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Book review: ‘The New Map’ by Daniel Yergin

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Charting the massive influence energy has on shaping global geopolitics in the 21st century.

As Pulitzer Prize-winning author and scholar Daniel Yergin points out in the introduction to this substantive, well-written and timely book, his latest work is about a new global order, shaped by recent dramatic developments (and those include the ongoing coronavirus pandemic) in energy and geopolitics.

Reading ‘The New Map: Energy, Climate, and the Clash of Nations’ (Allen Lane, £25, ISBN 9780241472347), I couldn’t avoid making comparisons with another recent publishing hit – Tim Marshall’s best-selling ‘Prisoners of Geography’. But if Marshall’s main mission was to put the ‘geo’ back into ‘geopolitics’, Yergin’s task is quite the opposite and much more challenging – to bring the politics of energy back into geography, i.e. into the unstable and constantly altering ‘new map’ of the world. It has to be said that he has coped with that massive task admirably.

In two of his previous award-winning titles, ‘The Prize’ and ‘The Quest’, Yergin singled out oil and climate respectively as the main driving forces of global politics. ‘The New Map’ focuses on an ongoing energy revolution that has so far resulted not just in discovering new energy sources, but also in the emergence on the global political arena of such powerful players as China, Russia and Iran and the start of a new Chinese-American ‘energy Cold War’.

Yergin speaks repeatedly of the so-far peaceful Chinese incursions into US energy markets – both foreign and domestic. He vividly describes, for example, a seemingly innocuous visit paid by Wang Jinshu, the chairman of Yuhuang Chemical Corporation with headquarters in China’s Shadong Province, to the small rural parish of St James in Louisiana on Christmas Eve 2015. In his ‘satchel’, the Chinese Santa carried a massive and previously unseen investment – $1.9bn to build a chemical facility. A welcome ceremony was held in a local high school, which the Chinese guest promised to help modernise too.

Yet the real attraction of St James for the Chinese was not the high school, but the pipeline with inexpensive shale gas running through Louisiana. The company calculated that it would be cheaper for it to take over the pipeline and, having made the chemicals in situ in Louisiana, ship them home rather than build a similar facility back in China.

Yergin regards this episode as part of America’s manufacturing revival – an “unconventional revolution” in which traditional manufacturers and consumers have swapped sides, and the habitual geopolitical map of the world has as a result been drastically redrawn. He even suggests (semi-jokingly and rather provocatively) introducing a new term denoting the world’s leading powers to replace all those rather confusing G8, G7 and G20. Yes, you’ve got it right: G2 stands for just two countries – the USA and China, which together represent about 40 per cent of the world’s GDP and 50 per cent of its military spending.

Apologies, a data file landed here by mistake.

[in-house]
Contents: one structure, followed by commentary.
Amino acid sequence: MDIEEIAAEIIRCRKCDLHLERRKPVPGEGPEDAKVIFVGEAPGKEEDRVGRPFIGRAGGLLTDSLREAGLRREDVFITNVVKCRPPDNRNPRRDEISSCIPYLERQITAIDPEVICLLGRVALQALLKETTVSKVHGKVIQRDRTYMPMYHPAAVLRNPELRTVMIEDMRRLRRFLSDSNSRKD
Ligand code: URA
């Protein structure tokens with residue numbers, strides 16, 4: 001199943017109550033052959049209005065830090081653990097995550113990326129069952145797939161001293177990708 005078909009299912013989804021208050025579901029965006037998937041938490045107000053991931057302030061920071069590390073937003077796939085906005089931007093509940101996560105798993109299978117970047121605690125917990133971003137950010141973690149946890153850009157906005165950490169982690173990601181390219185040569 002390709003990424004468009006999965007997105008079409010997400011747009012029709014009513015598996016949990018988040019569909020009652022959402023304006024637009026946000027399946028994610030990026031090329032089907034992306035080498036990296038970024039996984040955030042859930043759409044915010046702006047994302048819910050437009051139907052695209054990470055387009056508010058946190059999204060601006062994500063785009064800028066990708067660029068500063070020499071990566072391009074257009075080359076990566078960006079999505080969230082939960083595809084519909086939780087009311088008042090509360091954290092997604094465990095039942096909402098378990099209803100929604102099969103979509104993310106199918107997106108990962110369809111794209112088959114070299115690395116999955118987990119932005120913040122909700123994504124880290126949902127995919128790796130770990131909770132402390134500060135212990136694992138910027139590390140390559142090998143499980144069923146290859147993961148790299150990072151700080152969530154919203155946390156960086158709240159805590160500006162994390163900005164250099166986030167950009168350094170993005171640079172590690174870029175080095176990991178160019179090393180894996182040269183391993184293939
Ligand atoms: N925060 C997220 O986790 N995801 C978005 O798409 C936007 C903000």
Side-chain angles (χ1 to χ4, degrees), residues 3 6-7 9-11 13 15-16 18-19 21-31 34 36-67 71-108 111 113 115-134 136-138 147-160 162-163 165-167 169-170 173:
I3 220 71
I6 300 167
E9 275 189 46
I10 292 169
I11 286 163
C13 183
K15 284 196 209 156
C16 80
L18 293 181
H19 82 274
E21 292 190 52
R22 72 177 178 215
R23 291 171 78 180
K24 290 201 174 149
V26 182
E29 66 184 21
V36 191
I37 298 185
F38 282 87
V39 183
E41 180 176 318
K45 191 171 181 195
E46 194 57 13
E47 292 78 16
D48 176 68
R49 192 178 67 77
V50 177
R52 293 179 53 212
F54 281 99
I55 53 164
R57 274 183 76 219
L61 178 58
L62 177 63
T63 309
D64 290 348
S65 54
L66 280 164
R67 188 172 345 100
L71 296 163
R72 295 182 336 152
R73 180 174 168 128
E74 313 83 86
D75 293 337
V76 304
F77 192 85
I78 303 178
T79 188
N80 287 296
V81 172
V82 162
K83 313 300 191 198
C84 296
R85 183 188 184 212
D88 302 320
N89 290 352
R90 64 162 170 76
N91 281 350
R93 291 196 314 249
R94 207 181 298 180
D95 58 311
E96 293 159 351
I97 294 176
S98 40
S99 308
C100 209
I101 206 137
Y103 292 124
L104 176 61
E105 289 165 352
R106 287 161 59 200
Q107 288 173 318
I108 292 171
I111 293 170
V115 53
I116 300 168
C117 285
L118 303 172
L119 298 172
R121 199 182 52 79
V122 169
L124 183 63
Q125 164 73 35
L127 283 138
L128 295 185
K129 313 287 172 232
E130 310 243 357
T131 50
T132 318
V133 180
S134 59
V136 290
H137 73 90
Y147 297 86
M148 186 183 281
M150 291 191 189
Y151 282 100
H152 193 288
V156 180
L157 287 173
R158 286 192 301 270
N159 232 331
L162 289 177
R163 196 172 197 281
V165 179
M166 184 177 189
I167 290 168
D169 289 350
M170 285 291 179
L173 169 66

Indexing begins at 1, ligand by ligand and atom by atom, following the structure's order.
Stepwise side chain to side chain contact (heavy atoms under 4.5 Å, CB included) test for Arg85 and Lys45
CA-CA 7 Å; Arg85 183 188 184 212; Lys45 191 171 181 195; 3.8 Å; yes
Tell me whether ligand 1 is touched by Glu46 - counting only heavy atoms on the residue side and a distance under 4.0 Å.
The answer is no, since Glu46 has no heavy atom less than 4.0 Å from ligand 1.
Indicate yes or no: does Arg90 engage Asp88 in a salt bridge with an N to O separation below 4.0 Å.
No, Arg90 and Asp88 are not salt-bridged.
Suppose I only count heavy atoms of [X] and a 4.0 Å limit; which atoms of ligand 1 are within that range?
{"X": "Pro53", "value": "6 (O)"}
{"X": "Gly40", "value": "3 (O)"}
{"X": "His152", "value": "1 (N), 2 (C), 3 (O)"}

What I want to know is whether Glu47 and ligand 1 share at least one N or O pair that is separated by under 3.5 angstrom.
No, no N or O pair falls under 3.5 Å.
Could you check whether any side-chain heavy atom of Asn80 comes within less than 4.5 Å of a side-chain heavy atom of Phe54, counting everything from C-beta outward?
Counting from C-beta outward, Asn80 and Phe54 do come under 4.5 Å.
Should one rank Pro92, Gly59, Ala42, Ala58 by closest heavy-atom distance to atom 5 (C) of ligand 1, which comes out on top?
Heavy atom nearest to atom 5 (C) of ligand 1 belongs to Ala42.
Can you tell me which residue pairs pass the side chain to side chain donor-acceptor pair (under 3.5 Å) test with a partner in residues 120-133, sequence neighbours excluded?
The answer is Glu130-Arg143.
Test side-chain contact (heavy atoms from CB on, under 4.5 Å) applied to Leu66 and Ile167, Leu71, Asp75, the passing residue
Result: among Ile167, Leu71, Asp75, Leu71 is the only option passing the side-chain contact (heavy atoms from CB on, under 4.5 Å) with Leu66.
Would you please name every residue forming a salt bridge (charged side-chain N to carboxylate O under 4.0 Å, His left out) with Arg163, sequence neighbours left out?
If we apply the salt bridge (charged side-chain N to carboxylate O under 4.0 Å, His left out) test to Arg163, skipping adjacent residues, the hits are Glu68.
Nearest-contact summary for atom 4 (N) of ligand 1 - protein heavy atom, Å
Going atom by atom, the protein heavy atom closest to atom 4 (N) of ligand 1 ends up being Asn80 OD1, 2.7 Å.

What about Putin’s Russia, which is at present bending over backwards to maintain its crumbling political authority with the help of what I would call ‘energy blackmail’?

In a chapter titled ‘Rebalancing of Geopolitics’, Yergin analyses (among other things) Russia’s complicated and dysfunctional relationship with Germany – one that’s rather like a bad marriage – noting the obvious “lack of chemistry” between Putin and Merkel during one pre-pandemic international economic forum. No wonder. For many years Germany was happy to let Russia get away with a lot in exchange for cheap gas. Yet even that seems to be changing.

Merkel, unlike some of her predecessors, categorically refused to have any stakes or interests in Gasprom and Russia’s other energy giants. The latest evidence of her reluctance to kowtow to Putin, too recent to have been included in this reviewed book, is the warmth and hospitality she showed to Russian opposition leader Alexei Navalniy during his treatment for alleged poisoning in Berlin. A similar anti-Putin trend is gaining ground in Ukraine, which is slowly but surely liberating itself from the tightening noose of Russia’s gas and oil pipelines snaking across its long-suffering land.

We now live in a world where every conflict and every political development has a direct effect on energy markets. And vice versa. I liked the heading of Yergin’s concluding chapter – ‘The Disrupted Future’. Written, it seems, in a bit of a hurry to accommodate the latest dramatic developments in the global arena, it poses not just a million-dollar question, but a 90-trillion one equivalent to the value of the entire global economy: “Will the Covid-19 crisis speed an energy transition or slow it?” In other words, are we in for a dark future – in more than one sense – or a green recovery?

In contrast to other, more optimistic, scholars and writers, Yergin’s forecast is rather grim. One certainty for him is that “the struggles over the climate” will continue. In our tempestuous “era of rising tensions and fragmenting global order,” he also predicts a sinister sounding “clash of nations”, which to me sounds like a thinly camouflaged euphemism for World War Three.

I sincerely hope that history (or should I say the future?) will prove Yergin wrong on that particular count.

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